take+exceptions+to

  • 1 take into account — Synonyms and related words: admit, admit exceptions, allow, allow for, assimilate, bear in mind, complete, comprehend, comprise, concede, consider, consider the circumstances, consider the source, contain, count in, cover, discount, disregard,… …

    Moby Thesaurus

  • 2 take with a grain of salt — Synonyms and related words: admit, admit exceptions, allow, allow for, awake a doubt, be diffident, be doubtful, be dubious, be skeptical, be uncertain, call in question, challenge, concede, consider, consider the circumstances, consider the… …

    Moby Thesaurus

  • 3 James K. Polk: Inaugural Address — ▪ Primary Source       Tuesday, March 4, 1845       Without solicitation on my part, I have been chosen by the free and voluntary suffrages of my countrymen to the most honorable and most responsible office on earth. I am deeply impressed with… …

    Universalium

  • 4 Exceptious — Ex*cep tious, a. Disposed or apt to take exceptions, or to object; captious. [Obs.] [1913 Webster] At least effectually silence the doubtful and exceptious. South. {Ex*cep tious*ness}, n. [Obs.] Barrow. [1913 Webster] …

    The Collaborative International Dictionary of English

  • 5 Exceptiousness — Exceptious Ex*cep tious, a. Disposed or apt to take exceptions, or to object; captious. [Obs.] [1913 Webster] At least effectually silence the doubtful and exceptious. South. {Ex*cep tious*ness}, n. [Obs.] Barrow. [1913 Webster] …

    The Collaborative International Dictionary of English

  • 6 Reclaim — Re*claim (r[ e]*kl[=a]m ), v. i. 1. To cry out in opposition or contradiction; to exclaim against anything; to contradict; to take exceptions. [1913 Webster] Scripture reclaims, and the whole Catholic church reclaims, and Christian ears would not …

    The Collaborative International Dictionary of English

  • 7 theologaster — noun A poor theologian; someone who merely pretends to be a theologian. But why should the sun and moon be angry, or take exceptions at mathematicians and philosophers, whenas the like measure is offered unto God Himself, by a company of… …

    Wiktionary

  • 8 broad generalization — general judgment which does not take exceptions into account, over generalization …

    English contemporary dictionary

  • 9 demur — v. n. 1. Hesitate, pause, stop, waver, be in doubt, stop to consider. 2. Object, raise objections, scruple, state scruples, take exceptions …

    New dictionary of synonyms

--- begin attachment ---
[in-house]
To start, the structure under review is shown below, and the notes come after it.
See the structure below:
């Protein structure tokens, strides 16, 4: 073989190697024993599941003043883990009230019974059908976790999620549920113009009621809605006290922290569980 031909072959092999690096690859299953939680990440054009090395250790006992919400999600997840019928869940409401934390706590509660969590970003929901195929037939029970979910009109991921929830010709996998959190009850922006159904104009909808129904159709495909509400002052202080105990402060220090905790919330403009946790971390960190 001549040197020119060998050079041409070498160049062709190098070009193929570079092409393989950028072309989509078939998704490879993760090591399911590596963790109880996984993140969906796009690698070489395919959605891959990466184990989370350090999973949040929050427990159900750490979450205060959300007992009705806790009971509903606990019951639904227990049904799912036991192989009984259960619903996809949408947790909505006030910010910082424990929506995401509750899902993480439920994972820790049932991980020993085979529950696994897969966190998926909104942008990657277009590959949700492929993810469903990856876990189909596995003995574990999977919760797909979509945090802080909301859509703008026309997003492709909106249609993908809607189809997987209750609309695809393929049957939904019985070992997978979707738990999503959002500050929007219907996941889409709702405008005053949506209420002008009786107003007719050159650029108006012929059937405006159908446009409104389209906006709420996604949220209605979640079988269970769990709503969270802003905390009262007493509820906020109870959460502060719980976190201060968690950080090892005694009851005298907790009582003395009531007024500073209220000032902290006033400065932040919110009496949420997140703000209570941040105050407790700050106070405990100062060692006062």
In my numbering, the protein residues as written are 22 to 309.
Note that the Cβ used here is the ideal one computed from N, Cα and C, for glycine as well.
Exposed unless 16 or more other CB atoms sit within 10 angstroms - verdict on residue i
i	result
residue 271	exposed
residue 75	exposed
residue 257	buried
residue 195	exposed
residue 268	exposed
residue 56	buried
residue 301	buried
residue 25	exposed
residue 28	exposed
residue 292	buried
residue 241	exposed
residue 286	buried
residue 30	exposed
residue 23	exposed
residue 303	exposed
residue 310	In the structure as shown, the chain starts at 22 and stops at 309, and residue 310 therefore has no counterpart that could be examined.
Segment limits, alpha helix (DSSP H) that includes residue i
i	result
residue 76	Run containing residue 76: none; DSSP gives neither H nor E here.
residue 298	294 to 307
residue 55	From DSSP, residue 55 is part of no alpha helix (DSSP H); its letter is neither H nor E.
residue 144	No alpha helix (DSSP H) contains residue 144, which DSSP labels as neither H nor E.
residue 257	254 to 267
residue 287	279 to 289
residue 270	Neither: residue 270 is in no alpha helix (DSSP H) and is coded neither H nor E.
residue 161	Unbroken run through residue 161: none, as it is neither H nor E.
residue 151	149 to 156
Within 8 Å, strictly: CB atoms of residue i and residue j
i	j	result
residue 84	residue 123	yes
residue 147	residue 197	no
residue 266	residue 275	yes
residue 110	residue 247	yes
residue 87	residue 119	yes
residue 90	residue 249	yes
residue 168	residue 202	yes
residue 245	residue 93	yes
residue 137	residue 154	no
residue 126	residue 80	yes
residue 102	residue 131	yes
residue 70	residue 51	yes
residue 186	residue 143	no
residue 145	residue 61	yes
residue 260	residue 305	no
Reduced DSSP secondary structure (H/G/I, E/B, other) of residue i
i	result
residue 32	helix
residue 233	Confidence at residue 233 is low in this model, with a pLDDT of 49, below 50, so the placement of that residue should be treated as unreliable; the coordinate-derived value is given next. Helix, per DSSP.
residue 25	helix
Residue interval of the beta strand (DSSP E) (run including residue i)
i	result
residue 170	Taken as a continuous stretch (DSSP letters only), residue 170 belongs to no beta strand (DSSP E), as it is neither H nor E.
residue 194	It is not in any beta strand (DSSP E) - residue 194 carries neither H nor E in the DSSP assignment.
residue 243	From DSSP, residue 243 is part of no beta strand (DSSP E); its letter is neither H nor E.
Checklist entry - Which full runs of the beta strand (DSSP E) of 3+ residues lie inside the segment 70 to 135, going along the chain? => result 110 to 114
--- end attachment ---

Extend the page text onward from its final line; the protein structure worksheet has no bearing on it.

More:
• 10 challenge — I. v. a. 1. Defy, dare, brave, invite to contest, call to combat, call to answer. 2. Demand, require, claim, call for. 3. (Law.) Object to, take exceptions to. II. n. 1. Defiance, summons to contest, call to combat, call to answer. 2 …

    New dictionary of synonyms

  • 11 critical — 1 Critical, hypercritical, faultfinding, captious, caviling, carping, censorious are comparable when they mean exhibiting the spirit of one who detects and points out faults or defects. Critical, when applied to persons who judge and to their… …

    New Dictionary of Synonyms

  • 12 goppish —  proud, testy, pettish, apt to take exceptions. N …

    A glossary of provincial and local words used in England

  • 13 Gun laws in the United States (by state) — U.S. Firearms Legal Topics Assault weapons ban ATF Bureau Brady Handgun Violence Prevention Act Concealed carry in the U.S. Domestic Violence Offender Gun Ban …

    Wikipedia

  • 14 United States — a republic in the N Western Hemisphere comprising 48 conterminous states, the District of Columbia, and Alaska in North America, and Hawaii in the N Pacific. 267,954,767; conterminous United States, 3,022,387 sq. mi. (7,827,982 sq. km); with… …

    Universalium

  • 15 HEBREW LANGUAGE — This entry is arranged according to the following scheme: pre biblical biblical the dead sea scrolls mishnaic medieval modern period A detailed table of contents precedes each section. PRE BIBLICAL nature of the evidence the sources phonology… …

    Encyclopedia of Judaism

  • 16 Economic Affairs — ▪ 2006 Introduction In 2005 rising U.S. deficits, tight monetary policies, and higher oil prices triggered by hurricane damage in the Gulf of Mexico were moderating influences on the world economy and on U.S. stock markets, but some other… …

    Universalium

  • 17 American and British English differences — For the Wikipedia editing policy on use of regional variants in Wikipedia, see Wikipedia:Manual of style#National varieties of English. This is one of a series of articles about the differences between British English and American English, which …

    Wikipedia

  • 18 Germany — /jerr meuh nee/, n. a republic in central Europe: after World War II divided into four zones, British, French, U.S., and Soviet, and in 1949 into East Germany and West Germany; East and West Germany were reunited in 1990. 84,068,216; 137,852 sq.… …

    Universalium

  • 19 performing arts — arts or skills that require public performance, as acting, singing, or dancing. [1945 50] * * * ▪ 2009 Introduction Music Classical.       The last vestiges of the Cold War seemed to thaw for a moment on Feb. 26, 2008, when the unfamiliar strains …

    Universalium

  • 20 Europe, history of — Introduction       history of European peoples and cultures from prehistoric times to the present. Europe is a more ambiguous term than most geographic expressions. Its etymology is doubtful, as is the physical extent of the area it designates.… …

    Universalium


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